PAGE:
Similarly, in The Wellness Remodel (Harper Wave, Apr. 2020), HGTV host Christina Anstead and nutritionist Cara Clark offer a prescription for what the publisher terms “full-body wellness.” The book presents “a practical approach to mind/body/spirit wellness, addressing everything from nutrition and movement to meditation, gratitude, and spiritual practice,” says Harper Wave v-p and editorial director Julie Will. “Readers are increasingly aware of the importance of addressing mental health in a category that has tended to focus more on the body and conventional thinking about physical health.” Anstead shares the emotional and physical health crises she suffered on the heels of a divorce and an autoimmune disease diagnosis, and how the plan she and Clark devised led her to recovery.
Summer Sanders, a raw food chef and the author of Love Your Body Feed Your Soul (Skyhorse, Jan. 2020), also gets personal as she aims to help readers—through mantras, bath soaks, and recipes for smoothies, salads, and tonics—to unlock “a river of depth, beauty, and health,” she writes. Having grappled with bulimia as a teen, she draws connections among unhappiness, disordered eating, and a lack of fulfillment.
“Women in particular are breaking out of the typical dieting mold in favor of a far wider range of self-care,” says Skyhorse editor Nicole Mele. She sees a similar trend happening in the mental health space, where bodily health and mindfulness are spliced in “to ease physical symptoms of anxiety or depression.”
Authors such as Anstead and Sanders court reader trust by showing how the plan they’re promoting worked for them. Other wellness titles hinge on more conventionally credentialed, yet still alternative, advice about health.
Could loneliness be the root of broad societal unwellness? That’s the premise of Together (Harper Wave, Apr. 2020) by Vivek H. Murthy, surgeon general under Barack Obama. The health ramifications of loneliness include a range of ailments, among them increased inflammation and drug addiction, that, he writes, cry out for increased community engagement. The book “offers a call to action,” says Will at Harper Wave. Murthy “challenges us to reconsider the paradigm for health, and highlights with urgency the epidemic of loneliness and the need for human connection, which is as essential to our well-being as nutrition.”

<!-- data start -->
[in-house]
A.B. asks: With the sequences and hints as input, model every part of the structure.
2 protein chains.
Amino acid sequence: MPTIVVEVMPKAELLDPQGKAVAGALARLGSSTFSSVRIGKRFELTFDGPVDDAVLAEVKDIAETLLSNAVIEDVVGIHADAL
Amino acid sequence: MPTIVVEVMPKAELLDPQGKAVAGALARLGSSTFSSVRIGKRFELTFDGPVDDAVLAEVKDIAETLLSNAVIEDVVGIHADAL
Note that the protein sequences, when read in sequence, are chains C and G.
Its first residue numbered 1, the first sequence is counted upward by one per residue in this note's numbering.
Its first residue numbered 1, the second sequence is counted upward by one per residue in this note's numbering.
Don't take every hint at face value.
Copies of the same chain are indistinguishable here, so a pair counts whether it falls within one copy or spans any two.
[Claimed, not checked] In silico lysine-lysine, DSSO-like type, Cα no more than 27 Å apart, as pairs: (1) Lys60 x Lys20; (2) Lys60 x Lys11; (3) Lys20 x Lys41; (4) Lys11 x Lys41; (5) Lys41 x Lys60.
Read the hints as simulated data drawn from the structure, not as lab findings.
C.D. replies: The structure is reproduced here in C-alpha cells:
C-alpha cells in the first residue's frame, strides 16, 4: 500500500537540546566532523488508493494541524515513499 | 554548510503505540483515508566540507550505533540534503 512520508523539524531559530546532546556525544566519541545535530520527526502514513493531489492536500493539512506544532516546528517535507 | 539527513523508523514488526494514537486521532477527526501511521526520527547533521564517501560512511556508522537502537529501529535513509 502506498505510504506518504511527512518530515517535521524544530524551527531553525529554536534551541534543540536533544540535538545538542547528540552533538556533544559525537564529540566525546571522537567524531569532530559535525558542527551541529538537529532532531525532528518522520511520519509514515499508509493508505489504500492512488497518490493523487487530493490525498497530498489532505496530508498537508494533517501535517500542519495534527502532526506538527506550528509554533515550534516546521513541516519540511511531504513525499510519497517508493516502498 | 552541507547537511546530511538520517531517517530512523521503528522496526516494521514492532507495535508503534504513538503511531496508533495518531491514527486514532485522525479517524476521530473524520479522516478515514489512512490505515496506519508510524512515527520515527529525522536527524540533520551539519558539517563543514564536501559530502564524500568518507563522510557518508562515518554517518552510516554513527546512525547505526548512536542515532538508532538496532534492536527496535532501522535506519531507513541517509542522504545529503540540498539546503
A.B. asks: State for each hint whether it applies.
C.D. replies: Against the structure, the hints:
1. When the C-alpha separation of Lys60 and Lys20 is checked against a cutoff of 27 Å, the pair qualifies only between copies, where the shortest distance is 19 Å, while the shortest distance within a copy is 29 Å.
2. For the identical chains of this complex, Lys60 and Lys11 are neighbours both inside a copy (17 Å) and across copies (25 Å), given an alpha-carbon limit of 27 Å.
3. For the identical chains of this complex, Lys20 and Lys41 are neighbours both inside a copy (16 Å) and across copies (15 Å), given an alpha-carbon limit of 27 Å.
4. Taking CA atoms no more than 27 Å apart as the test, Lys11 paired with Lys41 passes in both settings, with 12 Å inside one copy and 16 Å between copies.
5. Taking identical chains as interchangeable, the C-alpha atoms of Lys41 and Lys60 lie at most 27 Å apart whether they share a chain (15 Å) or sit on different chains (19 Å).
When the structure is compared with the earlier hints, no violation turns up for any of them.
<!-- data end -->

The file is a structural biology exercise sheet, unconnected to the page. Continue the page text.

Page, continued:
In May 2020, Kales Press, which is distributed by W.W. Norton, will release Tapestry of Health by Daniel A. Monti and Anthony J. Bazzan, physicians who treat patients at the Marcus Institute of Integrative Health in New Jersey. The book, publisher Kenneth Kales says, gives equal wellness weight to positive relationships, healthy diets, and “walks in the woods.” The authors write in their foreword that readers have been “let down by conventional medicine” and need to learn to “question dogma” to develop a whole-health plan based on nutrition and lifestyle changes.
They’re appealing to the kind of reader, often female, who Beier at St. Martin’s says may feel dismissed by the traditional medical establishment, and who turns to books to “feed her desire to be better informed” about matters pertaining to her own health. Behavioral change specialist Shahroo Izadi addresses this reader in The Last Diet (St. Martin’s, Apr. 2020), teaching here—as she did in 2019’s The Kindness Method—how to effect lasting change without self-judgment, a pitfall of many weight-loss plans.
Other authors, too, focus on dietary changes as a path to overall well-being. In Your Body in Balance (Grand Central, Feb. 2020), diabetes clinical researcher Neal D. Barnard (2018’s The Vegan Starter Kit) advocates a vegan diet as central to alleviating a wide range of health problems. Many foods, he explains, contain and influence hormones that are linked to issues as diverse as menstrual cramps and prostate cancer.